36 weeks pregnant mother

Question: My afi was 6 before 3 days...its my 2nd pregnancy and 1st was c-section before 4 years. Iam trying for vbac.i can feel my baby movement very well..is it shows my fluid level increased?. Can i become successful in vbac with low afi..pls anyone briefly explain my all doubt....

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Answer: Hi its my 1st pregnancy my afi is 6 nd baby weight is 1.2 kg i m tensed
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Question: My afi was 6 in my last scanning and dr advised betnasol injection due to the chance of preterm labour. This is my 2nd pregnancy and 1st was c section before 4 years and i am trying for vbac. Is that in my condition vbac is possible? And do i need to take complete bed rest for increasing afi along with intake of morw fluid. Pls clear my doubt...iam so confused
Answer: Dear normal delivery after cesarean depends upon many factors like baby's position how low risk and smooth your pregnancy is and what is baby's position but the main thing is the scar thickness (stitches skin thickness) from previous cesarean because if the scar thickness is low then there is always a chance of skin rupture during labour pain so doctor don't take any risk.. but if the scar thickness is fine then normal delivery is possible... To increase fluid increases your fluid intake with medication and also a complete bedrest is important to avoid any complications...
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Question: My 1st delivery was c-section can I have my 2nd VBAC
Answer: Hii It's possible. But a lot depends on why your first baby was born by caesarean.  A vaginal birth after a caesarean is called a VBAC. You're in a good position to try for one if your first baby was born by caesarean for a reason that applied only to that pregnancy, or to that baby. This could be because: your baby was bottom down (breech) you had pre-eclampsia your baby was in distress during labour Your chance of achieving a VBAC is good. Around three quarters of women who try for a VBAC, having had one previous caesarean, have a successful vaginal birth. And if you do have a VBAC and then go on to have more children, your chance of success would be even greater the next time.   doctors will monitor you more closely during your labour if you've had a caesarean before. This is because of a risk of the scar from your last caesarean tearing during contractions  the chances of it happening are very low – about one in 200.Check if ur doctor must have wrote something in ur previous delivery if I can opt for VBAC or u have some potential danger.  Try to find out as much information as possible, and talk through your options with your obstetrician. This will help you to decide whether you'd like to try for a VBAC.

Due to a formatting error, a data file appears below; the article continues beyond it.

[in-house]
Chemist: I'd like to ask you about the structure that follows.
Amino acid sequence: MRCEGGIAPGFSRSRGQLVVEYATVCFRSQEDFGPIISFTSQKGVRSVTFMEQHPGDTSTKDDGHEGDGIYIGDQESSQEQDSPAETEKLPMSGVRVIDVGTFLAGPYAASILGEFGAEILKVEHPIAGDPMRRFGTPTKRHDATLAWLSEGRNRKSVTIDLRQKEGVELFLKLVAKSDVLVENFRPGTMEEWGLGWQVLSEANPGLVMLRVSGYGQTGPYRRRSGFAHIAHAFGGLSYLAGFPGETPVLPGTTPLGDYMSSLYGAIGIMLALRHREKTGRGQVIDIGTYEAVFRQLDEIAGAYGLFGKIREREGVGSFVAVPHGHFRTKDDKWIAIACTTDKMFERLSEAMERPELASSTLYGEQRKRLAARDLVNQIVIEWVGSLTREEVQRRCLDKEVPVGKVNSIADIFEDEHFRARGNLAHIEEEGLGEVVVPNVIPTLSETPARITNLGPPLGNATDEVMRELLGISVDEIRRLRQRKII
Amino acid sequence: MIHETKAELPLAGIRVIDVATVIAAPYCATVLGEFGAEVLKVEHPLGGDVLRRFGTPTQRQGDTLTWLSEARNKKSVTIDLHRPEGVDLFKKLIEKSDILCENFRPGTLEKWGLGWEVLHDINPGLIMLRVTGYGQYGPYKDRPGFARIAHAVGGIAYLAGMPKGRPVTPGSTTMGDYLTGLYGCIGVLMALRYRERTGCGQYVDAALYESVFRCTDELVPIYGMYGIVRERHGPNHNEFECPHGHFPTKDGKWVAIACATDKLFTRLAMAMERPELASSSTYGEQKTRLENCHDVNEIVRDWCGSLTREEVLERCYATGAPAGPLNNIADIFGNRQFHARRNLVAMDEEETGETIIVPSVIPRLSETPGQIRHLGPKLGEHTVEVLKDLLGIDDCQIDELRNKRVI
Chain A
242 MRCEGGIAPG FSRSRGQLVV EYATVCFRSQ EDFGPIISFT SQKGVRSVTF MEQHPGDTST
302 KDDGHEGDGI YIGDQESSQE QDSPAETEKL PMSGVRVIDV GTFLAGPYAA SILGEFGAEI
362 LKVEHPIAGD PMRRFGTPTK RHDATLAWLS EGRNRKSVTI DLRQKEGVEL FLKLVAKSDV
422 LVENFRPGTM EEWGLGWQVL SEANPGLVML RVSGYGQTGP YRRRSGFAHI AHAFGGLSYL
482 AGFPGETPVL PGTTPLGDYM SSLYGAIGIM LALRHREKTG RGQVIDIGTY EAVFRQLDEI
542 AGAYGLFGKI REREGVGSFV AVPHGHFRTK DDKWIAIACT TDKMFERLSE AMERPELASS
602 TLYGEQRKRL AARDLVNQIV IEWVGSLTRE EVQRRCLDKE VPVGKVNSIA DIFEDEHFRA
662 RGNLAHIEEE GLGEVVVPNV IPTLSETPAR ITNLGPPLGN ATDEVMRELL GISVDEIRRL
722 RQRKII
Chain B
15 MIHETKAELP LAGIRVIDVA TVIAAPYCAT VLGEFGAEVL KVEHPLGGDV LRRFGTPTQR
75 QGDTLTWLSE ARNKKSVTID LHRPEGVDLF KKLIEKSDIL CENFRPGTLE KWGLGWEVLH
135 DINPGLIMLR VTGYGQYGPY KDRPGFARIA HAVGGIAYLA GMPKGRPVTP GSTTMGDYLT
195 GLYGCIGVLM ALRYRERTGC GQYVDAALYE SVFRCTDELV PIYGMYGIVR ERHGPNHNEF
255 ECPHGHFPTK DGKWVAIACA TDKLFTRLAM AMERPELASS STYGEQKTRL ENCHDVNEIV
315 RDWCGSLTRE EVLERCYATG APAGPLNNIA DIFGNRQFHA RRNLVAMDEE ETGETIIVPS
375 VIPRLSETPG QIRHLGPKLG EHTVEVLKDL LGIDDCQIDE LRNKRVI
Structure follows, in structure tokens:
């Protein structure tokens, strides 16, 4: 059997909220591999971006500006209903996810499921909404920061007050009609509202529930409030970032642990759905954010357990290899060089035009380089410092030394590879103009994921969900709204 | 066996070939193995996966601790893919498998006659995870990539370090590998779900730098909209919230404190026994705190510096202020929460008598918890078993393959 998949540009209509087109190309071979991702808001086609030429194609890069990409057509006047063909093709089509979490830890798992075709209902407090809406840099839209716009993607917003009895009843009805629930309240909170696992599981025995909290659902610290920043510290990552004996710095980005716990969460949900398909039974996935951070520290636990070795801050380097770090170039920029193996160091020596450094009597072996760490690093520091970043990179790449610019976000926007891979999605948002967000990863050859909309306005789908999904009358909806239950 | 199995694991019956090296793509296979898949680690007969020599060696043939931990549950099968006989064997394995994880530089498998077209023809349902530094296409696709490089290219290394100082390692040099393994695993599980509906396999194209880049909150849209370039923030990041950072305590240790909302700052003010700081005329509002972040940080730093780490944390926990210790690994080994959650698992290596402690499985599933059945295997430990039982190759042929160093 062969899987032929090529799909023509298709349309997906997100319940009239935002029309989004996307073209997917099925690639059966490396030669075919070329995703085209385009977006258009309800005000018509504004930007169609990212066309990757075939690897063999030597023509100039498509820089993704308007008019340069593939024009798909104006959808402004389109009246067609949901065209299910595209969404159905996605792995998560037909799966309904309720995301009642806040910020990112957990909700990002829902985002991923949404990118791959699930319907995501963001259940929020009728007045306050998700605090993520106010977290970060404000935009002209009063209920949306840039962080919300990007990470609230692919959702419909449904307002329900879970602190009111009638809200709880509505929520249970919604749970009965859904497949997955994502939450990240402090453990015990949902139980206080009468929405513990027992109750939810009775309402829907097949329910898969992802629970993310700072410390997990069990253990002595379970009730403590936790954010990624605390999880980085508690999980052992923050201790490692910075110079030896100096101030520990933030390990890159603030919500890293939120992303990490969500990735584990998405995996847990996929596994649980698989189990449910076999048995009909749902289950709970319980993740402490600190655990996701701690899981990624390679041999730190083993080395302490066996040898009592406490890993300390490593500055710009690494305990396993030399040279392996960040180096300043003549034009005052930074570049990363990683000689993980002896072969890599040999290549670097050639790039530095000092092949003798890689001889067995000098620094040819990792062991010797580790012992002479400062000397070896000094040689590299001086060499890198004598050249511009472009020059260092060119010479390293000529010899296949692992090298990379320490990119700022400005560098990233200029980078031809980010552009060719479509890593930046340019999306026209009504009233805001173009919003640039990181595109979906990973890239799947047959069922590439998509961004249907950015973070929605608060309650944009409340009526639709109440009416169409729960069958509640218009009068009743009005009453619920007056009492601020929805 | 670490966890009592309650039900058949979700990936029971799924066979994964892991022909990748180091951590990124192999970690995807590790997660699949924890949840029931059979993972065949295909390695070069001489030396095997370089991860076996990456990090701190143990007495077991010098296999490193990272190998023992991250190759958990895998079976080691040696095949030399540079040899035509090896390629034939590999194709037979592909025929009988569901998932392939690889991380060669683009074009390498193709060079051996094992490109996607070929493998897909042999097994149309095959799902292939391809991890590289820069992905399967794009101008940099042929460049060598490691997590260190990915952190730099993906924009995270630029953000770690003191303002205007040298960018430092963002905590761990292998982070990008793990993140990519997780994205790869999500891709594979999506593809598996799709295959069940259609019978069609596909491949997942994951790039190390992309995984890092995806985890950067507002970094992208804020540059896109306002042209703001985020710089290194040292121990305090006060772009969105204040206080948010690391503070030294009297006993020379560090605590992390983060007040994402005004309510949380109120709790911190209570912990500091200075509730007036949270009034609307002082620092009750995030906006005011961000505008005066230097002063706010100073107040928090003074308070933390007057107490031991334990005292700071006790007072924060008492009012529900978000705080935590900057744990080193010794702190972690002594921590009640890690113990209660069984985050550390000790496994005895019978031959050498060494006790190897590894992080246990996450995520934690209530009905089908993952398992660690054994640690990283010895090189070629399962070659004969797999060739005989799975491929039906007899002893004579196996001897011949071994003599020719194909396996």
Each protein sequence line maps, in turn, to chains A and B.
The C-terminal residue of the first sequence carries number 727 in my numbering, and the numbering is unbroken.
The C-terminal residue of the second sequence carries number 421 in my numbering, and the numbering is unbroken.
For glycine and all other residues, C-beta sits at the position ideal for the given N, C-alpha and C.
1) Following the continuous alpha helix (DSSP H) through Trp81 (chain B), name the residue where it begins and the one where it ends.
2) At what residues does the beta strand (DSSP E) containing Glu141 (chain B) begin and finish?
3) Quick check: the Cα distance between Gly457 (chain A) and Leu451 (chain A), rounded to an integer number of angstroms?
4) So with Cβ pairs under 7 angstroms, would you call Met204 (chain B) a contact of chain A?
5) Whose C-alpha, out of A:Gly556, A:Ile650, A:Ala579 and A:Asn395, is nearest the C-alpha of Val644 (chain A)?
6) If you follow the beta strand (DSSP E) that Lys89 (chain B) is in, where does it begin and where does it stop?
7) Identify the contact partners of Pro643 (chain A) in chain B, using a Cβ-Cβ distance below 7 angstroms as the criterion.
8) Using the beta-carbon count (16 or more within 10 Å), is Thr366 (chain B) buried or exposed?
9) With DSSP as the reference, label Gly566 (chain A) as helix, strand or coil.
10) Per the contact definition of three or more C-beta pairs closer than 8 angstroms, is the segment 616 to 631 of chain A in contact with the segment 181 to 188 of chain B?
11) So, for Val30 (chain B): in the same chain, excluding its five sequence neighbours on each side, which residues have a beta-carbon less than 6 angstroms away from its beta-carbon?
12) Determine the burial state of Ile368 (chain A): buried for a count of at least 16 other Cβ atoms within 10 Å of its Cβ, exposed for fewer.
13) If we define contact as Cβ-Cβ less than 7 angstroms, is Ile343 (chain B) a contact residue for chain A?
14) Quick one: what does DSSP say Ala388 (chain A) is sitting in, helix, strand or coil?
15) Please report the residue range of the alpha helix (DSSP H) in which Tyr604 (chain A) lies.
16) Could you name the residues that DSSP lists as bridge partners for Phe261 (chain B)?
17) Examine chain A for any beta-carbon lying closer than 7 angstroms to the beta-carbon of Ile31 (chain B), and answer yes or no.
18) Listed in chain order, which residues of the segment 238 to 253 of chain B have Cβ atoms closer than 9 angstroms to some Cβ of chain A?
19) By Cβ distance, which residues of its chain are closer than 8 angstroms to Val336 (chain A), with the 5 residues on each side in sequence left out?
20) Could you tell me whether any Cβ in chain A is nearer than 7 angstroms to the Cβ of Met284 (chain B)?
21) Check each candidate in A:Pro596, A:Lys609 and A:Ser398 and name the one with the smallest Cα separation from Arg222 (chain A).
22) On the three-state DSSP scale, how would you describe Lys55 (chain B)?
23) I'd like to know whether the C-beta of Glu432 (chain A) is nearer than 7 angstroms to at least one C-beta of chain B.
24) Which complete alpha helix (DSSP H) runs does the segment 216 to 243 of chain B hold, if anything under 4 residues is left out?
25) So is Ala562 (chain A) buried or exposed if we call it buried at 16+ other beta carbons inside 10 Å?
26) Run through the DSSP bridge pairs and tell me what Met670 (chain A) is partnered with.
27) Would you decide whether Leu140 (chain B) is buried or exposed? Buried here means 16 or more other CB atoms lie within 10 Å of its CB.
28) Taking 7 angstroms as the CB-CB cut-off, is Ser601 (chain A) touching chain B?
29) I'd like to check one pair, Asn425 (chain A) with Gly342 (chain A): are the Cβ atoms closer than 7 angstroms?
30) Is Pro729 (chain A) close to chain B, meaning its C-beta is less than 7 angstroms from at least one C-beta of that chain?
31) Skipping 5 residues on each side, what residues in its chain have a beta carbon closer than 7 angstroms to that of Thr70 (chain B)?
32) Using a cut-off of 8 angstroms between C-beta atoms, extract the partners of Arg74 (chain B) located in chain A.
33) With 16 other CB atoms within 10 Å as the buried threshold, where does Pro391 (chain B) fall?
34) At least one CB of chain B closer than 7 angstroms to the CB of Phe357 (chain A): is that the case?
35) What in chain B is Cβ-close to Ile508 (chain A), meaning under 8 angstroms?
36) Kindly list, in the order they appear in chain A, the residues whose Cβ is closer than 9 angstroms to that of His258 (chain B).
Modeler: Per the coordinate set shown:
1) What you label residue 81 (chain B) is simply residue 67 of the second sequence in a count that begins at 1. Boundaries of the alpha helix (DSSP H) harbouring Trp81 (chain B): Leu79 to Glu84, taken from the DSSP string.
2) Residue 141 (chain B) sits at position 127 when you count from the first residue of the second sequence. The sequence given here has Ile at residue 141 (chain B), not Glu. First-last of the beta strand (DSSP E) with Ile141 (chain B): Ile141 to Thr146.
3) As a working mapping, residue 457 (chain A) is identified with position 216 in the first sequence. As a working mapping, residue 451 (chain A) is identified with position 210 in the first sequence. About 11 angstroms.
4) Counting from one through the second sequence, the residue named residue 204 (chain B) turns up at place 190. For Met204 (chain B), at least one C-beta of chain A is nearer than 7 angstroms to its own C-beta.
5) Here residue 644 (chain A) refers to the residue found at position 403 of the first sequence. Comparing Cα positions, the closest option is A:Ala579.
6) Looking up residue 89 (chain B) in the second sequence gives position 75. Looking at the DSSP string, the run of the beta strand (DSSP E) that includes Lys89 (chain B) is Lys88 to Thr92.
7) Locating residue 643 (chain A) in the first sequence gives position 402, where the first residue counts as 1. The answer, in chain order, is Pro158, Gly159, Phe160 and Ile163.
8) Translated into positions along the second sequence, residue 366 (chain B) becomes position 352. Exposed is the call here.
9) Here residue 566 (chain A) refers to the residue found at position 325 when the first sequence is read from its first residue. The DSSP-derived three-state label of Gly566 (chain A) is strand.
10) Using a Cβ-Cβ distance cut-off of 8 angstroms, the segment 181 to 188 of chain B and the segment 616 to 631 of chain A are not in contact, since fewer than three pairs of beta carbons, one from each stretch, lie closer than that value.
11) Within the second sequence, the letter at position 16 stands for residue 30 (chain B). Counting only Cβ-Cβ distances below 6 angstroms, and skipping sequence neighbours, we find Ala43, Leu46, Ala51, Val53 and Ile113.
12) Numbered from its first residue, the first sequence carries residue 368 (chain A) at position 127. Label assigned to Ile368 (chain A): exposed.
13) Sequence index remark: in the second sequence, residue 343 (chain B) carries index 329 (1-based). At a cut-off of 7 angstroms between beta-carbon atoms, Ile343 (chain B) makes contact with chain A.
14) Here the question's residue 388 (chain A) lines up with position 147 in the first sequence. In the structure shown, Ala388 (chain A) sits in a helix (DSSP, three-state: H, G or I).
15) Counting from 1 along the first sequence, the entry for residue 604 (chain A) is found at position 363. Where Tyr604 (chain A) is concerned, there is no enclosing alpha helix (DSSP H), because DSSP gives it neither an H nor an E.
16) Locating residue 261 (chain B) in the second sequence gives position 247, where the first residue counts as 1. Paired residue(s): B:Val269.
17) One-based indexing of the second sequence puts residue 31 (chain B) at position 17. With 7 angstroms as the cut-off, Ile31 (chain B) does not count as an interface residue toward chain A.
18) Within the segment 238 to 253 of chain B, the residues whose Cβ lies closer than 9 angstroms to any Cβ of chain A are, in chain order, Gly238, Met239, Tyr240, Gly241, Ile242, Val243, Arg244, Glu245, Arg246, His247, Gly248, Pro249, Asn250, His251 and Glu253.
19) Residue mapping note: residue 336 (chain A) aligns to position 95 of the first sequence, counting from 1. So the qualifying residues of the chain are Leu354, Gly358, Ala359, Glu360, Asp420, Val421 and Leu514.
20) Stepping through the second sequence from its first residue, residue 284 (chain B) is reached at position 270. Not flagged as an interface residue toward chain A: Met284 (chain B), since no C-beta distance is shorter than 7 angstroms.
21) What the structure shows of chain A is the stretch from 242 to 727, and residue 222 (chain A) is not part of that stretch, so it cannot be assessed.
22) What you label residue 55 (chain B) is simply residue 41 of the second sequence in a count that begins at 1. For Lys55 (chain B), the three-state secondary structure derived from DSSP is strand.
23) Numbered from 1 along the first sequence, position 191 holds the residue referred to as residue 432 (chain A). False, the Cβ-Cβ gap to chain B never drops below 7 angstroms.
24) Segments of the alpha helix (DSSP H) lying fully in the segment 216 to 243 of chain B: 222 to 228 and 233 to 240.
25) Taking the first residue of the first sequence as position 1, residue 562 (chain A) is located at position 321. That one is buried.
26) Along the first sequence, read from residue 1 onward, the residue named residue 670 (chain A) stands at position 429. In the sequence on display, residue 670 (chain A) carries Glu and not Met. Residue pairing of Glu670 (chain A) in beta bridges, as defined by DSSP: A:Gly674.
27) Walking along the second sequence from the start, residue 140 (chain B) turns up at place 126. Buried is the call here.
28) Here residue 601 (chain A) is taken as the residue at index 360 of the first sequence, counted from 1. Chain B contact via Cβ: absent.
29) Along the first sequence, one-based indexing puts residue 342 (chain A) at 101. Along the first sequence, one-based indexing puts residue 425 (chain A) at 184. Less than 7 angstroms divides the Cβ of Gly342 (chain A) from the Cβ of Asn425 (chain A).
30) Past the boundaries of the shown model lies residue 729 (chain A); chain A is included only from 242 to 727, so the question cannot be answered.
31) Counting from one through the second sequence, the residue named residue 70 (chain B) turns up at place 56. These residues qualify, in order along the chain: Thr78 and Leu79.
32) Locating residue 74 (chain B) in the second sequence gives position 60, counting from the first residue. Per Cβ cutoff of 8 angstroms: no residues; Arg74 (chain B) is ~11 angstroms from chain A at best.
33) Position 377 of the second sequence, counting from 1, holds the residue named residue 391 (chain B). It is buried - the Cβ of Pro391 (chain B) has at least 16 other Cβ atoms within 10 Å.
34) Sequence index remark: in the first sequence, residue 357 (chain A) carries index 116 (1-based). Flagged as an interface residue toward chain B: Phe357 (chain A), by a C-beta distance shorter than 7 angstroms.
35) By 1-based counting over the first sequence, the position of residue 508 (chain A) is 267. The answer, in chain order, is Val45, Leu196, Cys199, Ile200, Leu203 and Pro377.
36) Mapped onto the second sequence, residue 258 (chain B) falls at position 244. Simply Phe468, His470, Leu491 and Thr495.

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Question: Hi. I am 6 weeks pregnant . It's my 2nd baby. My 1st delivery was c section before 5yrs. Thinking to try vbac. What I can do for that. How much success rate for vbac?
Answer: Depends on your pregnancy term and your gynaecologist-obstetrician. Talk to her
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Question: My 1st delivery was c-section can I have my 2nd VBAC
Answer: Hii It's possible. But a lot depends on why your first baby was born by caesarean.  A vaginal birth after a caesarean is called a VBAC. You're in a good position to try for one if your first baby was born by caesarean for a reason that applied only to that pregnancy, or to that baby. This could be because: your baby was bottom down (breech) you had pre-eclampsia your baby was in distress during labour Your chance of achieving a VBAC is good. Around three quarters of women who try for a VBAC, having had one previous caesarean, have a successful vaginal birth. And if you do have a VBAC and then go on to have more children, your chance of success would be even greater the next time.   doctors will monitor you more closely during your labour if you've had a caesarean before. This is because of a risk of the scar from your last caesarean tearing during contractions  the chances of it happening are very low – about one in 200.Check if ur doctor must have wrote something in ur previous delivery if I can opt for VBAC or u have some potential danger.  Try to find out as much information as possible, and talk through your options with your obstetrician. This will help you to decide whether you'd like to try for a VBAC. 
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